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Positive posts: Folks all over town are sharing inspirational thoughts via email, social media

By Susan Shinn Turner for the Salisbury Post

A few years ago, Jake Parrott decided to make the best of a bad situation.

“When I lost my job in corporate downsizing after an 18-year-career, I suddenly found myself home during the work week,” says Parrott, who lives in Salisbury with his wife, Carole, and three of their four children.

He took it upon himself to pack lunch for Caroline, Carsyn, and Harrison, all students at Salisbury High School at the time. He’d wake up early, turn on his computer, and find an uplifting quote to write on their napkins.

Before long, Caroline told him how much her friends were enjoying it.

If they’re looking forward to it, Jake thought, maybe others will, too.

So he started posting these thoughts for the day on his Facebook page. Of course, he had to post the thoughts he wrote on the napkins a day late, so Caroline and her friends could see them first.

“I really was taken aback by the response,” Jake says, once he put his posts on social media. “I don’t go many places now that people don’t tell me how much they appreciate my posts. I’m just amazed at the number of shares it gets.”

Jake writes in bold black text on a turquoise background. Recent posts have included:

• Three things you cannot recover in life: the WORD after it’s said, the MOMENT after it’s missed, and the TIME after it’s gone.

• If you’re helping someone and expecting something in return, you’re doing business, not kindness.

• We can’t always choose the music life plays for us, but we can choose how we dance to it.

• If you want God to close and open doors, let go of the doorknob.

• Love the people God gave you because He will need them back one day.

He notes, “Something really crappy happened to me, and I just tried to make something good and motivate my children. It was God’s way of showing me a gift that people need.”

Others around town are also sharing that gift.

Misty McDaniel recently took over social media posts for the Stitchin’ Post. She is a people person who likes to share her faith and positivity with others.

Misty McDaniel, who works at the Stitchin’ Post, recently took over the store’s Facebook page. She has a strong faith, she says, and wants to share the power of positivity with others.

“I’ve gone through a lot of tragedy in my 46 years,” she says. “I try to pick things that resonate with people. A lot of it is the Holy Spirit, too.”

Misty is definitely a people person. Being a hairdresser and now working at the Stitchin’ Post, she says, helps her be there for customers, not just to help with purchases, but to lend an ear, too. She doesn’t hesitate to pray with customers if they ask, she says. “It’s great that Pam (the store’s owner) allows us to bond with customers.”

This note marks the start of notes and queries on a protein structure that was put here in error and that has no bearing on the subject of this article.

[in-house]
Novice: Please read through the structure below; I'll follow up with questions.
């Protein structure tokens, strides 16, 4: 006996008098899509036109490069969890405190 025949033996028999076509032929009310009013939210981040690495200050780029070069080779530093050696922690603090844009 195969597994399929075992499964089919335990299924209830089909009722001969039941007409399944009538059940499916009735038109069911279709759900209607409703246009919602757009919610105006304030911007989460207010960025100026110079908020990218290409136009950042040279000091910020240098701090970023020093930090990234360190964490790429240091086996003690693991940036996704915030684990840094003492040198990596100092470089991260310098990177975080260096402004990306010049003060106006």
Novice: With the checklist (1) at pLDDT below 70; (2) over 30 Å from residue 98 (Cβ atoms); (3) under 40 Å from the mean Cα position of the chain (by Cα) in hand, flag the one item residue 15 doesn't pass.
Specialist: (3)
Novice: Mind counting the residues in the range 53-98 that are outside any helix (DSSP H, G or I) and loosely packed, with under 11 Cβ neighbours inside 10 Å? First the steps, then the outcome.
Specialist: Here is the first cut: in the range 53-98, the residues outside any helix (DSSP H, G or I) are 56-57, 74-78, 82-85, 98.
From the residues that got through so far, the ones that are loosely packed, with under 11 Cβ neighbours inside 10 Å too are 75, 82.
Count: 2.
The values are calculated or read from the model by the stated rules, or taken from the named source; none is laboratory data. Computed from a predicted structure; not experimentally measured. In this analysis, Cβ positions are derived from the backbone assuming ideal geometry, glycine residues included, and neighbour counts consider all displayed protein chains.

Misty says she’s received “pretty awesome feedback” from customers about the inspirational post. Mae Dry, a co-worker, often sends her a “You go, girl!” post in the evening when she reads the thought for the day.

“She is so inspiring,” Mae says. “She is a good-hearted Christian girl. It comes so natural to her.”

“I like to be positive,” Misty says. “We need more positivity.”

Paul Fisher couldn’t agree more. The chairman emeritus of F&M went to see Elizabeth Cook, the Post’s former editor, several years ago about putting thoughts for the day in the newspaper.

“I believe it was needed back then when I went to see Elizabeth,” he says, “and I do believe it is needed more today.”

To Paul, “negativity” is a four-letter word.

Susan Geissler, F&M’s senior vice president and director of human resources, has been emailing thoughts for the day to the bank’s employees for years.

For her, reaching out to her 135 fellow co-workers is a daily habit. “I feel guilty if I don’t do it for people.”

Susan sends out an email each weekday morning.

“I just go with whatever speaks to me,” she says. “I try to keep it light, but send things to make people think a little bit, too.”

Thoughts for the day, Susan says, have been around a long time, even back to the days of the employee bulletin board and monthly newsletters.

“It does mean a lot to people, and that’s why I do it,” Susan says. “It’s something to look forward to every morning. I’d do it if we just had one employee.”

Paul Fisher got the idea to send out a daily email from his friend Johnny Safrit. Johnny says he started the practice about 2008, when the economy dipped and things weren’t so great. Pretty soon, he had a list of 300 people on his email.

Like Paul and Susan and Jake, Johnny doesn’t look for inspirational material as much as it seems to find him.

And the response has always been positive for him, too, he says. “People will tell me, ‘This was written for me,’ or ‘I needed to hear this today.’ It’s all been real positive. I do it because it’s my way of giving back a little bit.”

In all these years, Johnny says, he’s only missed a couple of days sending an email because he was sick as a dog. And he did take a few days off to go fishing once, he notes.

You’re probably not surprised to learn that his computer’s hard drive is now absolutely full — so much so it won’t even start.

But don’t worry, he says, he’s working on getting everything transferred over to a new computer — one that has way more storage space.

“I’m gonna get it going before long,” he says.

Which is a good thing, because we can all use a little bit of positivity each day.

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